We have 11 pelagic trips departing from Monterey this year in addition to the Albacore trip. These trips run from 7 a.m. to 3 p.m. and depart from Fisherman’s Wharf Monterey. Our Monterey departures typically cover both Monterey and Santa Cruz Counties. And, we have 6 pelagic trips departing from Half Moon Bay this season. These trips run from 7 a.m. until at least 3:30 p.m., but as late as 6:30 p.m. and depart from H Dock, Johnson Pier, at Pillar Point, Half Moon Bay. HMB trips typically cover both San Mateo and San Francisco Counties.
    For RESERVATIONS and DISCOUNTS (booking prior to July 1) for the coming season, please see our web site:
    Please note: I will be out of the office from 10 June through 15 July, leading an expedition voyage in the Russian Far East. You can still send in your reservations during that period, however.
    Shearwater Journeys celebrated forty years of pelagic birding trips in 2015. I am grateful to the generations of thousands and thousands of birders, hailing from at least 47 different countries, who have joined our trips over these many decades. Seabirding really is for everyone— the age span on one trip last year was: age 9 to 92.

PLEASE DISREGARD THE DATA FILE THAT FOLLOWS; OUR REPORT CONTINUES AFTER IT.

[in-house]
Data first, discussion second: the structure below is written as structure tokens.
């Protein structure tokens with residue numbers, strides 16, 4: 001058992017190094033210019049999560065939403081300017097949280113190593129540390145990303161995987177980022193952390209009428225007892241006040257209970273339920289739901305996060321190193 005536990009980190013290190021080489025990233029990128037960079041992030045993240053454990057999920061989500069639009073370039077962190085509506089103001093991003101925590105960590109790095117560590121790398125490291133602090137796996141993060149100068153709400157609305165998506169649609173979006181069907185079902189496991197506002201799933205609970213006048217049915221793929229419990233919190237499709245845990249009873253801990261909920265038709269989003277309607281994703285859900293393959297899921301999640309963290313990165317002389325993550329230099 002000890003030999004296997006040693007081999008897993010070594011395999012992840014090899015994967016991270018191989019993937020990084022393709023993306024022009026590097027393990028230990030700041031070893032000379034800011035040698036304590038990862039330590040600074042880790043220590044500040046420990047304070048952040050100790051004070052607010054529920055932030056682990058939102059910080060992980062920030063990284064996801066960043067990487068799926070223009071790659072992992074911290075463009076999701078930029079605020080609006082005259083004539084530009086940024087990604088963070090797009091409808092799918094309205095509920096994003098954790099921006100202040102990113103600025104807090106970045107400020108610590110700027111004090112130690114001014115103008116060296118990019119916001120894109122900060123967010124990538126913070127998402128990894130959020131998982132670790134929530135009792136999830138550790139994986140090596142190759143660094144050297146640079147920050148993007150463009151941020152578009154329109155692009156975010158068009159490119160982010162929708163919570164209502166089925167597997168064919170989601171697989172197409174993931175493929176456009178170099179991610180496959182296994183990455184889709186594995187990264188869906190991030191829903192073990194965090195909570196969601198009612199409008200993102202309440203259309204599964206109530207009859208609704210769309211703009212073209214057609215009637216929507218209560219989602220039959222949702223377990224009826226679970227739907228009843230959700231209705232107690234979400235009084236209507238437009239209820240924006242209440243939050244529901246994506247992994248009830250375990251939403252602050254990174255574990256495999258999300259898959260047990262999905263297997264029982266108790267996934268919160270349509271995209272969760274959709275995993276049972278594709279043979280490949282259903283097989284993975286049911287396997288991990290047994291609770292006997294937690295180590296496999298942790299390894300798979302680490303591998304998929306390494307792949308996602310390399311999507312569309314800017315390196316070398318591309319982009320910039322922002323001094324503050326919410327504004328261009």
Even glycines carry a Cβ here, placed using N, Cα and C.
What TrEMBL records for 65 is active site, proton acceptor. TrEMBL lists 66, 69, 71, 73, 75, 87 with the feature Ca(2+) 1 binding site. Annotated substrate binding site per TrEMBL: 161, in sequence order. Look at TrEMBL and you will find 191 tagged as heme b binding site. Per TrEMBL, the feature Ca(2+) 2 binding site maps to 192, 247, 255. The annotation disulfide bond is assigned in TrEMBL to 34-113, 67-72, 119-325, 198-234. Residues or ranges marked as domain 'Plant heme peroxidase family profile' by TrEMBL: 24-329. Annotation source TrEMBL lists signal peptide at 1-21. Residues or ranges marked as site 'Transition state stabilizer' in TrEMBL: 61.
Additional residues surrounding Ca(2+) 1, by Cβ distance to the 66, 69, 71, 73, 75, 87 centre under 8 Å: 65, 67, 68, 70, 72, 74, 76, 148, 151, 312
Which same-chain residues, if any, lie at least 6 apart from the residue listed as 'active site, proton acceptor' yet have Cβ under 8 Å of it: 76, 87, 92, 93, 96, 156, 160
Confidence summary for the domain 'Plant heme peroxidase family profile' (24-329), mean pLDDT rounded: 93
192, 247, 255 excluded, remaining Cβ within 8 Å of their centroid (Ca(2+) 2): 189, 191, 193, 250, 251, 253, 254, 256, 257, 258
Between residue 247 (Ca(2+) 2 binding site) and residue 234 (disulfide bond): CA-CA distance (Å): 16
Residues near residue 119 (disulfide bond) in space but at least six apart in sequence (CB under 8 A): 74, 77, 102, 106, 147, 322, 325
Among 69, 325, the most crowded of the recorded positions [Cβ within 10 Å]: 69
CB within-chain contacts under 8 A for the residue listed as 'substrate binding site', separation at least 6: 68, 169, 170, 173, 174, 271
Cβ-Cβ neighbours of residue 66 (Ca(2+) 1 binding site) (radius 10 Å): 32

Equally as important are the world class leaders who work tirelessly to not only find seabirds and marine mammals but also to interpret the marine environment in a meaningful way. Our leader ratio is very high, averaging some six leaders per trips. Leaders include: Scott Terrill, Linda Terrill, Peter Pyle, Gerry McChesney, Mary Gustafson, Dave Pereksta, Todd McGrath, Steve Hampton, Jim Holmes, Nick Levendosky, Alex Rinkert, Abe Borker, Steve Tucker, Will Brooks, Christian Schwarz, Tim Miller, Annie Schmidt, Adam Searcy Dena Spatz, Lauren Harter, David Vander Pluym, Clay Kempf, John Garrett, and Debi Shearwater. Many leaders have worldwide seabirding knowledge and first hand experience across the oceans.
    Some birders have ticked as many as 25 life birds on one trip!
    We celebrated every one!
    Shearwaters Forever,
    Debi Shearwater
    Shearwater Journeys, Inc.
    PO Box 190
    Hollister, CA 95024
    Celebrating 42 Years of Seabirding with Shearwater Journeys
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  23. News from the California Bird Records Committee LINK
    DATE: May 2, 2017 @ 3:50pm, 21 day(s) ago